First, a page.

'People think refugees just likely know things' (a found research poem)
Illustration by Andrea Armstrong
Found and shaped by Erin Goheen Glanville, these (almost entirely in order) words are the most frequently repeated words in the first twelve interviews conducted as part of the Worn Words research project. Worn Words is an applied multi-media project, producing creative digital narratives for education on refugee discourse. But part way through the project I became stuck in a highly cognitive space, unable to be creative with the footage I had collected. So I tried a host of ways to get my brain in to a different mode, including creating word clouds with the NVivo software (a programme for analysing the data of research interviews) that I was using. It occurred to me that a word cloud kept the words random, even as I sensed a web of relationships in the cloud that I wanted to trace. So I created a list of the words in a Word document and began playing with joining words on a line or adding prepositions to link key words. Any significant words I have added are in square brackets. One word has been repeated. Words like ‘to,’ ‘for,’ ‘and’, and ‘to be’ verbs were removed in the coding process, so I add them back in to the poem as needed for meaning.
The process of visualizing the interview data in this way resonated with my emotional experience of narrative inquiry as a research method: seeing rich but hazy relationships among the data points, experimenting with how to make those relations clear, prioritizing among the variety of linkages, worrying about the power you have as the researcher to make peoples’ narratives mean something other than what they mean, hoping you can communicate the significance of your findings as knowledge, delighting in the surprise when what you saw through a haze clarifies in the oddest of ways, and in the end knowing how partial (in both senses of the word) knowledge always is while you wonder whether anyone will read your work. The stilted style of this poem speaks to me of the way bureaucratic and legal rhetoric—so highly rational and formal—interfaces uneasily with the bright intensity of peoples’ experiences seeking refuge. And as hard as I tried to write the poem using a single line of thought, random words bulged out, required their own line, and announced themselves as a rebuttal. The impossibility of a single voice or narrator, speaks to the way our shared discourse is knit together: its thickness and entanglement, and—lacking a narrative weave—its contradictions.
Illustration by Andrea Armstrong
“People think refugees just likely know things” (a found research poem)
The working kinds
want borders, terms, something
Canada talks differently
feelings also need
Welcome a human-making story.
Going to countries is [an act of] evening [out].
Person’s ‘good look’ parts
Canadian world = much humanitarianism (nations giving)
of life years back
[outside] state spaces.
[Let] trauma speak.
Government systems try,
call someone coming, ‘family,’
tell particular moving [stories].
Saying conversations at another
often protects moments from wonder.
Within important homes:
Definitively using arrivals,
organizations power thoughts,
interviews getting forced.
History at every point.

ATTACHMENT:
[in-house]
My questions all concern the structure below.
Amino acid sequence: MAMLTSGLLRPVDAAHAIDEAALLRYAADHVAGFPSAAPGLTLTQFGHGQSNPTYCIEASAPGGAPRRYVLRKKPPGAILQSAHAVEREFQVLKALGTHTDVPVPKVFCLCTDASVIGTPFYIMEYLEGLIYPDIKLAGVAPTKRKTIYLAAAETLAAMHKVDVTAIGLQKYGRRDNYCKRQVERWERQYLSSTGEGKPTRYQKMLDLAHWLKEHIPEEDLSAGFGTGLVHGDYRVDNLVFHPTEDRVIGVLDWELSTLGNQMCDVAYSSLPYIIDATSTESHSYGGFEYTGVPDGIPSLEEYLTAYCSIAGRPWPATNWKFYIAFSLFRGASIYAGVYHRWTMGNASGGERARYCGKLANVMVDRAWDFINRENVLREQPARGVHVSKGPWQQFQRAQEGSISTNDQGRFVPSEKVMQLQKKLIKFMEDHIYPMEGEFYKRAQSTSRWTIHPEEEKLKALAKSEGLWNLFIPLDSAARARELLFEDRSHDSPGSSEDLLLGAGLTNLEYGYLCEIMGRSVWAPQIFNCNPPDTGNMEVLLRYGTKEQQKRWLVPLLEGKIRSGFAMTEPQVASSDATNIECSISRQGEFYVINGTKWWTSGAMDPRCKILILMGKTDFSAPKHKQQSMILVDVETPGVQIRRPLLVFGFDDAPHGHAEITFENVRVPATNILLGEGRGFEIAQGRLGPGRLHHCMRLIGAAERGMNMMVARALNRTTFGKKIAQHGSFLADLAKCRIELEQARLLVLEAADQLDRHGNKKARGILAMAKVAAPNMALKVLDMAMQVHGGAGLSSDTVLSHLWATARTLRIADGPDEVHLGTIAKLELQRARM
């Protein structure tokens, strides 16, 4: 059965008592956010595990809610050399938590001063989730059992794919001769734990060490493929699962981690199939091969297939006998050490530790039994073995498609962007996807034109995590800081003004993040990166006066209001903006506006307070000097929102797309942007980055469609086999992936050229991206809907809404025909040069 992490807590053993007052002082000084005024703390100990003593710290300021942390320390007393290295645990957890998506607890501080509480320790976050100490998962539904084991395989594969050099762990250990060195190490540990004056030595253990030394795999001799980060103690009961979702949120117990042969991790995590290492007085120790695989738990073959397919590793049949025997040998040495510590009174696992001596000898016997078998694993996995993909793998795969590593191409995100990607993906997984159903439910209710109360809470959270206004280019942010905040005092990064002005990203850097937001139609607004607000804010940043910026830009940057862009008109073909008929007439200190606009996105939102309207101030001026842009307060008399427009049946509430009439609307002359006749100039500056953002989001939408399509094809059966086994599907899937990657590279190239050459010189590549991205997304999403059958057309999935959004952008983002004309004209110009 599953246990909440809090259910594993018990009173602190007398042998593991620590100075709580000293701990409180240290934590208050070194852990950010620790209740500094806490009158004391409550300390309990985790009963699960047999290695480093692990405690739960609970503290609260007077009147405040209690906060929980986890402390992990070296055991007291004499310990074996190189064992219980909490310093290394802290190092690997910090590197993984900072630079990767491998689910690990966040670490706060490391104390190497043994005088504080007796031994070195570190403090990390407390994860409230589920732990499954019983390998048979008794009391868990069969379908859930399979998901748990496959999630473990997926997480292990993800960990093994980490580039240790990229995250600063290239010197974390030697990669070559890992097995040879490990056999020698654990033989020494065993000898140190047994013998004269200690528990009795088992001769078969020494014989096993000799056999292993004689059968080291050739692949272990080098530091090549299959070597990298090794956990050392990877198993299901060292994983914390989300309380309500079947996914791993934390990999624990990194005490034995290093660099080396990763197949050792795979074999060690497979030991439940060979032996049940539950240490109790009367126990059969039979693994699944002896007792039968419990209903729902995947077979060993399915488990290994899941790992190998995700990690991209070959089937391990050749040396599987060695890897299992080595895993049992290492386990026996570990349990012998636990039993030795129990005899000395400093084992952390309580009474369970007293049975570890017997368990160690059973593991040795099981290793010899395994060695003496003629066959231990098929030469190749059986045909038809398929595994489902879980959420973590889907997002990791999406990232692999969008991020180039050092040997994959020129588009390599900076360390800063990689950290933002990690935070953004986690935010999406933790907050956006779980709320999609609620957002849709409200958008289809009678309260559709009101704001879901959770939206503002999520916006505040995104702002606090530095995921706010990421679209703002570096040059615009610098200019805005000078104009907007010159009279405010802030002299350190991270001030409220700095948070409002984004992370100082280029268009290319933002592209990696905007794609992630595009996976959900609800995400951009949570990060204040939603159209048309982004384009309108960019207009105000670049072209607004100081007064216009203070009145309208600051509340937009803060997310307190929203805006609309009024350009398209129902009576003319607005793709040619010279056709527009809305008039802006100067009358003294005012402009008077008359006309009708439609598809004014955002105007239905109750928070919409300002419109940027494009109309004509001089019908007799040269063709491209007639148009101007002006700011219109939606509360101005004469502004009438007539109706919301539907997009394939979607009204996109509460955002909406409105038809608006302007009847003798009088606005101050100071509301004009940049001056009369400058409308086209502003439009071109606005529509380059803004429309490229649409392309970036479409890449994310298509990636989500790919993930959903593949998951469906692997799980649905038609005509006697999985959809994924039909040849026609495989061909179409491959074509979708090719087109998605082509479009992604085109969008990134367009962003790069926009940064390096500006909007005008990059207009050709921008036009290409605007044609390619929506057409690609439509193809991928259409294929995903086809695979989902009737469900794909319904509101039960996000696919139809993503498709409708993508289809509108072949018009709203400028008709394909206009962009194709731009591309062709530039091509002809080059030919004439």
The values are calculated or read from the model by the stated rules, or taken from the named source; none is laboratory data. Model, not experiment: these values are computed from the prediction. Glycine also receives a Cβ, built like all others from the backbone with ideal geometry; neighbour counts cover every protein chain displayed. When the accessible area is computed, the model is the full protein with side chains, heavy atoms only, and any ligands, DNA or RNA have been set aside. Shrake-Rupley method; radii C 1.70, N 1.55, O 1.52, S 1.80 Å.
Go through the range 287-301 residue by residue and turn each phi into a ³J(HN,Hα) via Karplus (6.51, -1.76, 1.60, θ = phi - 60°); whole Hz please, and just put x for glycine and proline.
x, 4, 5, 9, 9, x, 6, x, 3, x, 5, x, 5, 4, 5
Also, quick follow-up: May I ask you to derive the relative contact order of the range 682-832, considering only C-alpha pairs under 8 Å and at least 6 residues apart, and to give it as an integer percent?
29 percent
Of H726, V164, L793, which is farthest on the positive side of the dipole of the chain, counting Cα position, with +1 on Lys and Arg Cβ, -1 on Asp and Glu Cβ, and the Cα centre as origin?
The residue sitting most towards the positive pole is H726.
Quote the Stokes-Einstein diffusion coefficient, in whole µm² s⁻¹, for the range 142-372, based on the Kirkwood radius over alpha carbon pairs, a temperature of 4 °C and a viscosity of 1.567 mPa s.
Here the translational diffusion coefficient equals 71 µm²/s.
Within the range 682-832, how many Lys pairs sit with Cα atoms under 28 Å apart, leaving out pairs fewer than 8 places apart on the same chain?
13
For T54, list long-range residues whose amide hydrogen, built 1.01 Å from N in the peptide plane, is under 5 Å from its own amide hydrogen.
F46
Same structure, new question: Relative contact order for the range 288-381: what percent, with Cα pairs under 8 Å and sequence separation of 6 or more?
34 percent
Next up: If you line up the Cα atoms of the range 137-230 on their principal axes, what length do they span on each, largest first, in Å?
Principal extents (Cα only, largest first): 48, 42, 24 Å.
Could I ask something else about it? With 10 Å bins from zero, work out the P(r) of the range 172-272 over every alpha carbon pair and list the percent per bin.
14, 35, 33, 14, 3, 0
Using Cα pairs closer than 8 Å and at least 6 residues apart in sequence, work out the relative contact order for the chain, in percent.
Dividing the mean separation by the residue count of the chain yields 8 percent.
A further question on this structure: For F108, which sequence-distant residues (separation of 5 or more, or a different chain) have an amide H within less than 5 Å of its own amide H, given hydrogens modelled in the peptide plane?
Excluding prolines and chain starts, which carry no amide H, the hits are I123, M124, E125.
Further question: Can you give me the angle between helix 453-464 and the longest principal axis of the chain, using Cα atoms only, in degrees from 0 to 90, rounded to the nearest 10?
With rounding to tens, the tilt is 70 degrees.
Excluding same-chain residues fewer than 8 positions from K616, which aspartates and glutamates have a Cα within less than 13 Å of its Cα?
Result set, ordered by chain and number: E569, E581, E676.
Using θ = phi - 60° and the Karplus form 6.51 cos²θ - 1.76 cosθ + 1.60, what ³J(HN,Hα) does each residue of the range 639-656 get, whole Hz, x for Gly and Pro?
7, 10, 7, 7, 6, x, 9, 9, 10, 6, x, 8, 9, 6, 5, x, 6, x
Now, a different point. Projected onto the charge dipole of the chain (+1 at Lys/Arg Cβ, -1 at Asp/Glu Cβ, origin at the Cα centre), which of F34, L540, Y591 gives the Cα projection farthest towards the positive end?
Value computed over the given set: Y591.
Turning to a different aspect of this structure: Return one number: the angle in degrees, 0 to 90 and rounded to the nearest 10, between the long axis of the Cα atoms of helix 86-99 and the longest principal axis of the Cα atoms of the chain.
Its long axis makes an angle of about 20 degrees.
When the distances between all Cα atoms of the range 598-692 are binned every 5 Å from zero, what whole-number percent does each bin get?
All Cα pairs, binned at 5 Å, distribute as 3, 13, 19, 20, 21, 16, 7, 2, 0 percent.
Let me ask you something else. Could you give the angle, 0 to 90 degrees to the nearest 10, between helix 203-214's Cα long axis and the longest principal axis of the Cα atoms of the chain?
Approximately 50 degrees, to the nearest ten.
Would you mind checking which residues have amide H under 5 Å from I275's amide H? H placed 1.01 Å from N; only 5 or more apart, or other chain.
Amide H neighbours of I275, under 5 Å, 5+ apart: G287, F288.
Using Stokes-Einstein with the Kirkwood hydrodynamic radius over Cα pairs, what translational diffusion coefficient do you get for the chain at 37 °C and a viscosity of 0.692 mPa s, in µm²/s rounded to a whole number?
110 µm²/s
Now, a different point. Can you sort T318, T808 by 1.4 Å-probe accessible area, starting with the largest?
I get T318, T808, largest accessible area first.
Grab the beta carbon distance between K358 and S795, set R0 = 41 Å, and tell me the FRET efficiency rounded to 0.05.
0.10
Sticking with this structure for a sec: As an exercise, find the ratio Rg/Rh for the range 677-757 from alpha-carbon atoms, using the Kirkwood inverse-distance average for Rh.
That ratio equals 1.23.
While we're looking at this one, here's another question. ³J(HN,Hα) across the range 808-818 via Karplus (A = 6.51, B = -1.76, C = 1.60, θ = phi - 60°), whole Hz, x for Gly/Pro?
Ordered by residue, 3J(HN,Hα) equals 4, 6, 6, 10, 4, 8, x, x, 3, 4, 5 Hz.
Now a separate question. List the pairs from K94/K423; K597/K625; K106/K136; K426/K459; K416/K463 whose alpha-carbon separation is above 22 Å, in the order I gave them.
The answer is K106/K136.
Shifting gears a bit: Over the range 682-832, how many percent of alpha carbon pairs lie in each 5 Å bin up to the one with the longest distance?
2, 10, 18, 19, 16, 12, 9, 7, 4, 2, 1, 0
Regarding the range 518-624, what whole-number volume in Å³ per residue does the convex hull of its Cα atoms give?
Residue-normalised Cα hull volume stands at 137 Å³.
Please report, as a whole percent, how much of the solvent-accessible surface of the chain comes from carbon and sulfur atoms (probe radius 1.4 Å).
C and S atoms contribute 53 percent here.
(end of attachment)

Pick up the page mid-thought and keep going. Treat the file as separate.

Sometimes migrations [don’t] quite
[make] somebody greatly care:
a level of hard displacement,
certain claimants, hoping and sure,
fact sharing, house sharing.
Children securely away,
Love a book of imaginal indigenous.
languages able to process challenging issues.
Workers bring everything
—context, friends, reading, movement, reason, relations, whatever—
Anything rather than thanks narratives.
to everybody curiously beautiful
is building fear projects,
whether connecting situations or inviting othering.
Erin Goheen Glanville
Erin Goheen Glanville, Ph.D. (McMaster University) is a Social Sciences and Humanities Research Council (SSHRC) Postdoctoral Fellow in the School of Communication at Simon Fraser University, Vancouver, Canada. Her current research project, “Digital Storytelling as a Method for Critical Dialogue on Refugees in Canada,” explores how to tell new stories about overused, ordinary words in order to support a culture of listening rather than influence. This work is done in consultation with local refugee claimant support organisations. Glanville is also working on a two-year, international research project funded by the British Academy, “Hostile Environments: Policies, Stories, Responses.”
Glanville is the co-editor of Countering Displacements: The Creativity and Resilience of Indigenous and Refugee-ed Peoples (University of Alberta Press, 2012) and has published articles and book chapters connecting refugee narratives to humanitarian communication, international relations’ “responsibility to protect,” diaspora theory and transnationalism, faith-based activism, and globalization and postcolonial studies. Her most recent publication is “Refracting Exoticism in Video Representations of the Victim-Refugee: K’Naan, Angelina Jolie, and Research Responsibilities” in Crossings: Journal of Migration and Culture (2019).
Deeply invested in local community, she runs workshops for community groups using multimedia narratives to spark critical discussions about the way media shapes representations of refugee-ed people. She also offers professional development retreats for humanitarian organisations on their practice of storytelling.
Find her personal website at https://www.eringoheenglanville.com/